“It’s kind of all a blur. I don’t even remember what happened that first year.”
Just to make a few extra dollars while she “figured things out,” Moors says she
started to help out at her parents’ gym.
“I never wanted to coach. That was like not even a Plan B or Plan C. I had no plans.”
But Moors hadn’t expected how her little students would make her feel. She started posting about them on Instagram. One photo of six girls standing mat-side carried the caption: “What goofballs ... so glad I get to spend my Friday night with my lil princesses.”
Moors began to get high from gymnastics again, in a very different way.
“I have a real soft spot for my girls now. I feel so happy seeing them happy with their accomplishments,” says Moors, back in the gym for more than eight hours a day. Some days she spends even more time on the mat than when she was in training herself.
Moors describes coaching as akin to art, sculpting a gymnast, not just physically but mentally.
“I’m training my girls to be brave,” says Moors, who says she is learning the skills of coaching every day. She describes how she used to keep the little ones safe by preventing them from jumping off high blocks. “Now I put down a squishy mat and say ‘Go for it.’”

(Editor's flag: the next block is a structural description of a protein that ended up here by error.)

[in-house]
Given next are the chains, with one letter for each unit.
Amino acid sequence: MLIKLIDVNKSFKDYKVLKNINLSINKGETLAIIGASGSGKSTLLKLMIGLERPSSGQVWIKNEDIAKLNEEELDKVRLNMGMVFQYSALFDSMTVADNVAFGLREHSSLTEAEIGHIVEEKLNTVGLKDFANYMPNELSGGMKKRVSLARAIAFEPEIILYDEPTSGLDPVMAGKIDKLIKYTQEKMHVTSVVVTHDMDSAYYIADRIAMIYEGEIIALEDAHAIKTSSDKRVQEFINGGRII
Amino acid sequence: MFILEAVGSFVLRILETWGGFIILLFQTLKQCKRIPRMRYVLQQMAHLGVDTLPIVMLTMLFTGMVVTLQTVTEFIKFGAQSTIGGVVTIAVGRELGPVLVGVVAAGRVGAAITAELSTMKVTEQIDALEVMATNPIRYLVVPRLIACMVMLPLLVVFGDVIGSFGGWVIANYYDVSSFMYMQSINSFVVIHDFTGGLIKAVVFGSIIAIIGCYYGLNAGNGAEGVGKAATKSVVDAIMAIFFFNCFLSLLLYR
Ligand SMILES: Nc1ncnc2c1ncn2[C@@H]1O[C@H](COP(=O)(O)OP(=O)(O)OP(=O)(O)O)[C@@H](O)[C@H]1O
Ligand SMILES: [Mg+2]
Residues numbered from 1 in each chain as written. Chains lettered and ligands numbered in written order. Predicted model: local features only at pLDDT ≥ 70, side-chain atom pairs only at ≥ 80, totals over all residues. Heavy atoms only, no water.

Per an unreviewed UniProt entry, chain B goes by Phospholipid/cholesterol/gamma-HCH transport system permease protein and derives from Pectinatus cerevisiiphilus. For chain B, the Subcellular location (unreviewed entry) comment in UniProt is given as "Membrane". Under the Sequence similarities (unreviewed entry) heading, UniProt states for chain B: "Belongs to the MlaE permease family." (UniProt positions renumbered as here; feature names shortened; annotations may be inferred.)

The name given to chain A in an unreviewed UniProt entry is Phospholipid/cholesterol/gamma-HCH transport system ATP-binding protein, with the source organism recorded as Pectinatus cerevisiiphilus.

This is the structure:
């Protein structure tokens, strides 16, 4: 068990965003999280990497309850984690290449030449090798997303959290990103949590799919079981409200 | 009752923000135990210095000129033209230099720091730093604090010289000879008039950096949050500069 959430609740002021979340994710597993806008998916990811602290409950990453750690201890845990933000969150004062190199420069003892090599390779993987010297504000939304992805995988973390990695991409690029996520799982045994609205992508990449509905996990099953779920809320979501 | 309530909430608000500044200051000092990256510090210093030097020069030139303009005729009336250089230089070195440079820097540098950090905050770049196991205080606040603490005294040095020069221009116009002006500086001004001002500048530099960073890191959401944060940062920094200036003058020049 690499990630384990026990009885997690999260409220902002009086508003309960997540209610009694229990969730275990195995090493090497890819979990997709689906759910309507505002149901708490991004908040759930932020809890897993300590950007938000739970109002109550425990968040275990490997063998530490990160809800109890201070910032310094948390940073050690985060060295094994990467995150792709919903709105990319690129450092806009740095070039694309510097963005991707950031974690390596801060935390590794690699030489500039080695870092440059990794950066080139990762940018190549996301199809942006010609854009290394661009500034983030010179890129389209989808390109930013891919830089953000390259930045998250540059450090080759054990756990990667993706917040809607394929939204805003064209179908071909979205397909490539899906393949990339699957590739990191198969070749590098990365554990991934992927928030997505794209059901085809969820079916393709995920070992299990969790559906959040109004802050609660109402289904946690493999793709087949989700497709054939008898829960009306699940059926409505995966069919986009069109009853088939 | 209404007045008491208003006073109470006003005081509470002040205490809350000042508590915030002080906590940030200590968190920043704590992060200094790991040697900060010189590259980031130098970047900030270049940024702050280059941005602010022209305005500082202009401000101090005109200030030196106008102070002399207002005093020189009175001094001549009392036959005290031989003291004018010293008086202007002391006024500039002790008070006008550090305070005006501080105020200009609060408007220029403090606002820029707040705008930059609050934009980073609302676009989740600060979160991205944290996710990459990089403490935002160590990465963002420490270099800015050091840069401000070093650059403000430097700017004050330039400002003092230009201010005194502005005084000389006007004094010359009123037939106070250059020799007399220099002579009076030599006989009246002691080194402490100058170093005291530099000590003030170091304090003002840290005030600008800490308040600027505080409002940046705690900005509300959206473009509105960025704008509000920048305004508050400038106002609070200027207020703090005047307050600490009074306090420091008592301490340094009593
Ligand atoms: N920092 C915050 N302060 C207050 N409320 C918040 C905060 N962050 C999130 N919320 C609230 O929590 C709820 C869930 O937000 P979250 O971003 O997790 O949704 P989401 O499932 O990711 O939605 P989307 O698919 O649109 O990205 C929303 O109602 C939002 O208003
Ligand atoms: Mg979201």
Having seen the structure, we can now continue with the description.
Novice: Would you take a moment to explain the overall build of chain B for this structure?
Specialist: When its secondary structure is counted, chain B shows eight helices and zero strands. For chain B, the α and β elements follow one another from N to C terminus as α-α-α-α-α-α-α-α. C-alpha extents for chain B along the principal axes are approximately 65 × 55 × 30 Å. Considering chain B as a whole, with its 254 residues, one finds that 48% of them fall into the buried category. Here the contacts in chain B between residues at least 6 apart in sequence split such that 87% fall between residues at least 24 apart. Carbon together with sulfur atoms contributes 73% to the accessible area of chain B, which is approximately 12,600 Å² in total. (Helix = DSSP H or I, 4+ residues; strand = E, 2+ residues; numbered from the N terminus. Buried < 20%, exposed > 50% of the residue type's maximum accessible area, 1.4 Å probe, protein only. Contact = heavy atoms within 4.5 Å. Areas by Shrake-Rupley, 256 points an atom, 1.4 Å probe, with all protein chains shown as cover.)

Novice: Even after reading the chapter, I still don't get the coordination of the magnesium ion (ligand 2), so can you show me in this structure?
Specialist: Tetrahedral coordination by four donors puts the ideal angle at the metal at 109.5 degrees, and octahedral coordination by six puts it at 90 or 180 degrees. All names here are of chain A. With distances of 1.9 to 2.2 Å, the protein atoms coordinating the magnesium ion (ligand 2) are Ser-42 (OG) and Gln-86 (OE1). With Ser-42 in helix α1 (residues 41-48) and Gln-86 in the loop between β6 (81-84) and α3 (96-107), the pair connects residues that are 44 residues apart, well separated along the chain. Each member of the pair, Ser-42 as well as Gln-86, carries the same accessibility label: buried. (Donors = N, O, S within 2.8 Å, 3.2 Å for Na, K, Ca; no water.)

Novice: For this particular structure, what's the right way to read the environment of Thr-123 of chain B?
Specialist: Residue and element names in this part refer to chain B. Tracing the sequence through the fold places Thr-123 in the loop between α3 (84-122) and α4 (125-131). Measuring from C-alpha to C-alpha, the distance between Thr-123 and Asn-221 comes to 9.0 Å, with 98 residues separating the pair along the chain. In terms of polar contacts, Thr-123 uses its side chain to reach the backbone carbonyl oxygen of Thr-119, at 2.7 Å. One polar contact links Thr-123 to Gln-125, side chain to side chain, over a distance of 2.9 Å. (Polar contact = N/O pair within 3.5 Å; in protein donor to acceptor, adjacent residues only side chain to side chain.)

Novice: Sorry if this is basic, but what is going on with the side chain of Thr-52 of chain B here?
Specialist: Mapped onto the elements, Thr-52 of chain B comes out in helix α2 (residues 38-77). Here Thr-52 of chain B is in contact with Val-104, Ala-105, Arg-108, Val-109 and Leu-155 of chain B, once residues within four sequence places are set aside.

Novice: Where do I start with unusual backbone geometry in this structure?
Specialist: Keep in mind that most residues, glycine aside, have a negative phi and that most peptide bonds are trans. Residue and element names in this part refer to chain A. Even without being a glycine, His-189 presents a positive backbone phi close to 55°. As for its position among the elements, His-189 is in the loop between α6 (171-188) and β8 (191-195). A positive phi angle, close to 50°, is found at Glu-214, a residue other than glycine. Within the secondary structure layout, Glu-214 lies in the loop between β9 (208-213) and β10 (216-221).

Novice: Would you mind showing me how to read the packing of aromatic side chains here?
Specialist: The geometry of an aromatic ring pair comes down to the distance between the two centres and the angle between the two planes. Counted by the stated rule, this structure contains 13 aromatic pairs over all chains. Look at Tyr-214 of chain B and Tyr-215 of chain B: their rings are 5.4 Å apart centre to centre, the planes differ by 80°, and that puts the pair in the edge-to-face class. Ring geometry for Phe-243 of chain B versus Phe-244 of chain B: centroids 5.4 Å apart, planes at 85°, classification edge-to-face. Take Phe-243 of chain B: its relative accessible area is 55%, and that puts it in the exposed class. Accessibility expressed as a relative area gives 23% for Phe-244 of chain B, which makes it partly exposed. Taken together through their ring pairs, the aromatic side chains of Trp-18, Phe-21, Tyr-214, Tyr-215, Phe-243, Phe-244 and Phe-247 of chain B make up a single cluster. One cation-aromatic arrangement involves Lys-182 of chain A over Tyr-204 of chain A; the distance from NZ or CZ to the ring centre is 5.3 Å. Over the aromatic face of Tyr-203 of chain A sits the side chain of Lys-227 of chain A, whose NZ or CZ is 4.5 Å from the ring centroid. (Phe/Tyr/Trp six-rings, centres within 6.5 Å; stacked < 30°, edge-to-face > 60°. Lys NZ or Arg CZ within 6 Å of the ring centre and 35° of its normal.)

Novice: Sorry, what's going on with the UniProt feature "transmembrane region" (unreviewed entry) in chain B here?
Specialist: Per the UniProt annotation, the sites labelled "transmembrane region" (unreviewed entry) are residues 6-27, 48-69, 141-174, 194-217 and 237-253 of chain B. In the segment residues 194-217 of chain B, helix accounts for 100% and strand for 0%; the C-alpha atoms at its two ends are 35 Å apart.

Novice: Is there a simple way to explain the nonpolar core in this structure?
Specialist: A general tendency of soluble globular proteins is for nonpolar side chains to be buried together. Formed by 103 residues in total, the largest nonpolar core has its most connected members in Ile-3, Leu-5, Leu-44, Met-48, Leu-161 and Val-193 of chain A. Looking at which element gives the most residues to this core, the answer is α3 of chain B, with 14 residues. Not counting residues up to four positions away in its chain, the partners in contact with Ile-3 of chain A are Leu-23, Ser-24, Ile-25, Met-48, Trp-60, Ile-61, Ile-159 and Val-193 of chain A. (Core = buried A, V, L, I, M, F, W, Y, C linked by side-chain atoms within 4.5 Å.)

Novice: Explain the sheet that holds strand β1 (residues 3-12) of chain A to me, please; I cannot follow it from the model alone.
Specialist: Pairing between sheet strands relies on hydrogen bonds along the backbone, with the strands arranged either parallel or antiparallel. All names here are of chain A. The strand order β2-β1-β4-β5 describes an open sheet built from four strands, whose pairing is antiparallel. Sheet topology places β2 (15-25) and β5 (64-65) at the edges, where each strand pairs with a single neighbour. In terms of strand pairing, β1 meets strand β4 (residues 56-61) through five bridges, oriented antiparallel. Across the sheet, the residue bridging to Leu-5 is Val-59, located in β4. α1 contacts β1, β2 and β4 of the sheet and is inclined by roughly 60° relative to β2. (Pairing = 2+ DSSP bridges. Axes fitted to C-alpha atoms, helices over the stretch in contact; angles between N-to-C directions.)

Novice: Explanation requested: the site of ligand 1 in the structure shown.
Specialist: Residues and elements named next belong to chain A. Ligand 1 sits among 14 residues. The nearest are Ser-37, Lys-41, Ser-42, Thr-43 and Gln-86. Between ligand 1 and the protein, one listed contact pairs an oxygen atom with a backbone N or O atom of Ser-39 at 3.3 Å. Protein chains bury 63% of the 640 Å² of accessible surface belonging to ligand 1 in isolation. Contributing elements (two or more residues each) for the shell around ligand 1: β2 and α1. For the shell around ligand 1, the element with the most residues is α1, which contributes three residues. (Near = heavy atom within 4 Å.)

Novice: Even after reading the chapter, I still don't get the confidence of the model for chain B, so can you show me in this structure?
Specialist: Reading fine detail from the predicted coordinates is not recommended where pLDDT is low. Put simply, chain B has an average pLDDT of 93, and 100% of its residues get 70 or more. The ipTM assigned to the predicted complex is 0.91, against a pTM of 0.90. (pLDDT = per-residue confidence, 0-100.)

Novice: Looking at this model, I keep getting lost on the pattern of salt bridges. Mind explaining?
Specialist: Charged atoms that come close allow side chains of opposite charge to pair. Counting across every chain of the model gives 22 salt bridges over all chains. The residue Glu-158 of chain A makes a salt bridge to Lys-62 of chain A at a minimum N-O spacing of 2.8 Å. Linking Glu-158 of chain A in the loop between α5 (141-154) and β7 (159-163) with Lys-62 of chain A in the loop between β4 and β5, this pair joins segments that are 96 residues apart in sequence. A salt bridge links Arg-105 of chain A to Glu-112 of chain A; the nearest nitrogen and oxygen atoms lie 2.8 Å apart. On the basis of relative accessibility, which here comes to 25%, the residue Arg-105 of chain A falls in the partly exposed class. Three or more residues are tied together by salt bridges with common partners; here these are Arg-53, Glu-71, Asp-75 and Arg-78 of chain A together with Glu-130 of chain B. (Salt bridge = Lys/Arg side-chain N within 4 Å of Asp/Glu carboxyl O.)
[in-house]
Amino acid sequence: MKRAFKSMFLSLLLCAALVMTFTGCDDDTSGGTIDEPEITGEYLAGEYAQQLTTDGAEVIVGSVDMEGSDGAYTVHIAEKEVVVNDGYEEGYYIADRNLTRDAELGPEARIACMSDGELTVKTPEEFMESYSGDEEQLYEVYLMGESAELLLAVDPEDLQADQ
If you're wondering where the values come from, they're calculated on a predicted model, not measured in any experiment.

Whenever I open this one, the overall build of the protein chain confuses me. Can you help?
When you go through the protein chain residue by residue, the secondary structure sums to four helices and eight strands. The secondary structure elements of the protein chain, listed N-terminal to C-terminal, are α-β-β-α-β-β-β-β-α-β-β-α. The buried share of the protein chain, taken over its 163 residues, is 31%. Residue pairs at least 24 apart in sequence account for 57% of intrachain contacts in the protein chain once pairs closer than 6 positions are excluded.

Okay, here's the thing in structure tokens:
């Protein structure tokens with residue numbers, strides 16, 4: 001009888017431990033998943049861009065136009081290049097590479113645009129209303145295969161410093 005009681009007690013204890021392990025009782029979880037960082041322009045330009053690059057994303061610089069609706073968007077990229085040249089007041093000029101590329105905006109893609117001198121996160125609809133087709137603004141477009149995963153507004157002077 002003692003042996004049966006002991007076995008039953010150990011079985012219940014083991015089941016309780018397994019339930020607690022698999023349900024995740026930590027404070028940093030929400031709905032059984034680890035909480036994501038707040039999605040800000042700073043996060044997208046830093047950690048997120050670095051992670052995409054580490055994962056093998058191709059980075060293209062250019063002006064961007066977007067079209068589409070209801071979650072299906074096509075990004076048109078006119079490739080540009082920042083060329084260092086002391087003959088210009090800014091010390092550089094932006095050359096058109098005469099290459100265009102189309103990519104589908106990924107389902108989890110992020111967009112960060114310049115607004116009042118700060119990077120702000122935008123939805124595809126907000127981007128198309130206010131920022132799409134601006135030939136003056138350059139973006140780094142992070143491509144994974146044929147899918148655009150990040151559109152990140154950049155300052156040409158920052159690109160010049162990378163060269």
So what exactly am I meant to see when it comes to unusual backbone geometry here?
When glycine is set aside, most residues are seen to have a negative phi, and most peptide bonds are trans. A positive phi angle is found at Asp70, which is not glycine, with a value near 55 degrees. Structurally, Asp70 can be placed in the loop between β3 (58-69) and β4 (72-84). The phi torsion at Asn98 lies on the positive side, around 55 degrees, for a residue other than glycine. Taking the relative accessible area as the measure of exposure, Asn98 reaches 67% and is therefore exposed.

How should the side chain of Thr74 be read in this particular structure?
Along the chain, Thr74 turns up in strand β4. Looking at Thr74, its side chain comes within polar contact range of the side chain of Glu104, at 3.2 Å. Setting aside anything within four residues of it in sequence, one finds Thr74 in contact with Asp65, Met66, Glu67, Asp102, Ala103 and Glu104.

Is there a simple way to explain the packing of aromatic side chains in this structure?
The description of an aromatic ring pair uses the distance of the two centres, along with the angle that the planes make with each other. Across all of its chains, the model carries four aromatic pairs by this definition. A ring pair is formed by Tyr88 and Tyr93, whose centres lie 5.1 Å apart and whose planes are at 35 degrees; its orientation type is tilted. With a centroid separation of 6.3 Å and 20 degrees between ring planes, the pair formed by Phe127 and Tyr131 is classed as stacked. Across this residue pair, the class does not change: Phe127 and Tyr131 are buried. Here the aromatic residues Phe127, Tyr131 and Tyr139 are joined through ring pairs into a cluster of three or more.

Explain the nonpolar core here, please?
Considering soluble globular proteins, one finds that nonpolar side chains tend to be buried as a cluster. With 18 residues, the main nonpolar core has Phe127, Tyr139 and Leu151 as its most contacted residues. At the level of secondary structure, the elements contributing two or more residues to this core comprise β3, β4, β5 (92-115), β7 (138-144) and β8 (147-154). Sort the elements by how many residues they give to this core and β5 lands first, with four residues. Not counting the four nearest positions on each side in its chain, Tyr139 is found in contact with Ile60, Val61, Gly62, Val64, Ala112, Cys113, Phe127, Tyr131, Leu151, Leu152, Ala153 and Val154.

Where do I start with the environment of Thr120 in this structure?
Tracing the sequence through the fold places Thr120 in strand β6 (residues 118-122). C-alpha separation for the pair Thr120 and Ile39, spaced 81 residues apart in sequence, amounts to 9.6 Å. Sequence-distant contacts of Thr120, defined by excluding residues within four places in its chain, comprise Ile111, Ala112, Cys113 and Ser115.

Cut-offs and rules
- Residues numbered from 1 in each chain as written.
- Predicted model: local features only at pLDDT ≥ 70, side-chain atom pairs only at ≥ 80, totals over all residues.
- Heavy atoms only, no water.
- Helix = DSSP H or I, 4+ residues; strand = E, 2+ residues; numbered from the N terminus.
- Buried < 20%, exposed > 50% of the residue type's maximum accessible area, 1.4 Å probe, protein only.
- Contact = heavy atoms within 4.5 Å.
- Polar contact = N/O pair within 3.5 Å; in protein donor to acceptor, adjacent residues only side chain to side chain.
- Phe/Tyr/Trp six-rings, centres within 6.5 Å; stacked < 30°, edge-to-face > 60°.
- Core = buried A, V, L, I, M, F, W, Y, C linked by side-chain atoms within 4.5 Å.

“Victoria was such a bouncy, fearless freespirited kid. She did all these physical moves almost naturally,” her mom recalls. “She didn’t really even quite understand how she was doing them when she was so little.”
Coach Saadi, who recognized Moors’ talent early on, described Moors as cat-like, a gymnast who always knew where she was in the air.
Now Moors is learning the development of the sport all over, from the other side: teaching skills and determination, logistics of the flips and how to learn.
“It’s amazing for us to watch. It’s like she is living through a second childhood in the gym,” Rutledge says. “And to see her and Elvira together again like this, grooming her now as a coach.”
Rutledge recounts Saadi saying that everything she knows about gymnastics is already inside Victoria’s head. She doesn’t have to explain herself, making Moors an ideal student under Saadi in the senior competitive class.
Online fans are returning for Moors, this time in love with her as a coach. One of Moors’ own “goofballs,” Ashleigh O’Grady, 6, is one of them. The Guelph girl spends nine hours a week training with Moors then Googles her coach on Saturday mornings, searching YouTube for routines.
“She’s an amazing inspiration,” O’Grady’s mom, Tara, says of Moors.
“And she’s really nice,” adds Ashleigh. Tara says they used to watch Moors train for the Olympics when Ashleigh first started at the gym.
“Since she’s done it herself, Victoria makes getting to the Olympics seem attainable for our girls.”